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Monday, July 02, 2007

Dental Health: Dental Crowns --> What is it ?

I just put the crown on my teeth and put the bridge that conjuncted between 2 crown, nowday i have another tooth waiting for place the crown on, then i would like to know what exactly the crowns are. Dental Crwon, i try to search from the internet and found this, it is very nice article. check it out at http://www.webmd.com/oral-health/dental-crowns

this is a part of that article.


Dental Health: Dental Crowns
A dental crown is a tooth-shaped "cap" that is placed over a tooth – covering the tooth to restore its shape and size, strength, and/or to improve its appearance.

The crowns, when cemented into place, fully encase the entire visible portion of a tooth that lies at and above the gum line.

Why Is a Dental Crown Needed?
A dental crown may be needed in the following situations:

To protect a weak tooth (for instance, from decay) from breaking or to hold together parts of a cracked tooth
To restore an already broken tooth or a tooth that has been severely worn down
To cover and support a tooth with a large filling when there isn't a lot of tooth left
To hold a dental bridge in place
To cover misshaped or severely discolored teeth
To cover a dental implant
What Types of Crown Materials Are Available?
Permanent crowns can be made from all metal, porcelain-fused-to-metal, all resin, or all ceramic.

Metals used in crowns include gold alloy, other alloys (for example, palladium) or a base-metal alloy (for example, nickel or chromium). Compared with other crown types, less tooth structure needs to be removed with metal crowns, and tooth wear to opposing teeth is kept to a minimum. Metal crowns withstand biting and chewing forces well and probably last the longest in terms of wear down. Also, they rarely chip or break. The metallic color is the main drawback. Metal crowns are a good choice for out-of-sight molars.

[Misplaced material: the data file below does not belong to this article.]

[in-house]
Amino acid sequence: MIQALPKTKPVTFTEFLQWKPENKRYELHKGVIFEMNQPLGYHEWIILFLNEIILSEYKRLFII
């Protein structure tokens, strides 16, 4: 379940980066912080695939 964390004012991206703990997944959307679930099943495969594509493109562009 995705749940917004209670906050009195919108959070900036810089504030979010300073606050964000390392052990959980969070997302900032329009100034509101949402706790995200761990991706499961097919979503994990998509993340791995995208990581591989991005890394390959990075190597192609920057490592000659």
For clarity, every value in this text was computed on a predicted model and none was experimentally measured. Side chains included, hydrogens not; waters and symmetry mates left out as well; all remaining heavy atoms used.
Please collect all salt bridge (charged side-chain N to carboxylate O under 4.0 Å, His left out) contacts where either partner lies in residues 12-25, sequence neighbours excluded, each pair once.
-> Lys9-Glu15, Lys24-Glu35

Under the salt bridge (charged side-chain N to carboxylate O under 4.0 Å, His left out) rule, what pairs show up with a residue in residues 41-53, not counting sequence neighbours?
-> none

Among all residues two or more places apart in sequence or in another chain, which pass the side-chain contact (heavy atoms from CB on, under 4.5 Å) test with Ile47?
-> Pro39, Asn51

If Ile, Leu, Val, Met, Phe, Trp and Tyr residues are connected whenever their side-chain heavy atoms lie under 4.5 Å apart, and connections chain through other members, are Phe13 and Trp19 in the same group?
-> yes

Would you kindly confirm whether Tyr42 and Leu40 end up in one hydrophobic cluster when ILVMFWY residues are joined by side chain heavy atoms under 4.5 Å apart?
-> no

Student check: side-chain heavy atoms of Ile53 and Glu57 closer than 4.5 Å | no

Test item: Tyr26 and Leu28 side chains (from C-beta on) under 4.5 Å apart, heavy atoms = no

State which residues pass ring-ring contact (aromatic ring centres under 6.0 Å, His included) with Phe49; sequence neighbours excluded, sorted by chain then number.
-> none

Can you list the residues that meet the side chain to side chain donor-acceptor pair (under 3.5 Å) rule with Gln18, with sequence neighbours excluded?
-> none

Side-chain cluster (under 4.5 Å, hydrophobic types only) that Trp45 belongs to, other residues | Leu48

Porcelain-fused-to-metal dental crowns can be color matched to your adjacent teeth (unlike the metallic crowns). However, more wearing to the opposing teeth occurs with this crown type compared with metal or resin crowns. The crown's porcelain portion can also chip or break off. Next to all-ceramic crowns, porcelain-fused-to-metal crowns look most like normal teeth. However, sometimes the metal underlying the crown's porcelain can show through as a dark line, especially at the gum line and even more so if your gums recede. These crowns can be a good choice for front or back teeth.

All-resin dental crowns are less expensive than other crown types. However, they wear down over time and are more prone to fractures than porcelain-fused-to-metal crowns.

All-ceramic or all-porcelain dental crowns provide the best natural color match than any other crown type and may be more suitable for people with metal allergies. However, they are not as strong as porcelain-fused-to-metal crowns and they wear down opposing teeth a little more than metal or resin crowns. All-ceramic crowns are a good choice for front teeth.

Temporary versus permanent. Temporary crowns can be made in your dentist's office whereas permanent crowns are made in a dental laboratory. Temporary crowns are made of acrylic or stainless steel and can be used as a temporary restoration until a permanent crown is constructed by the dental laboratory.

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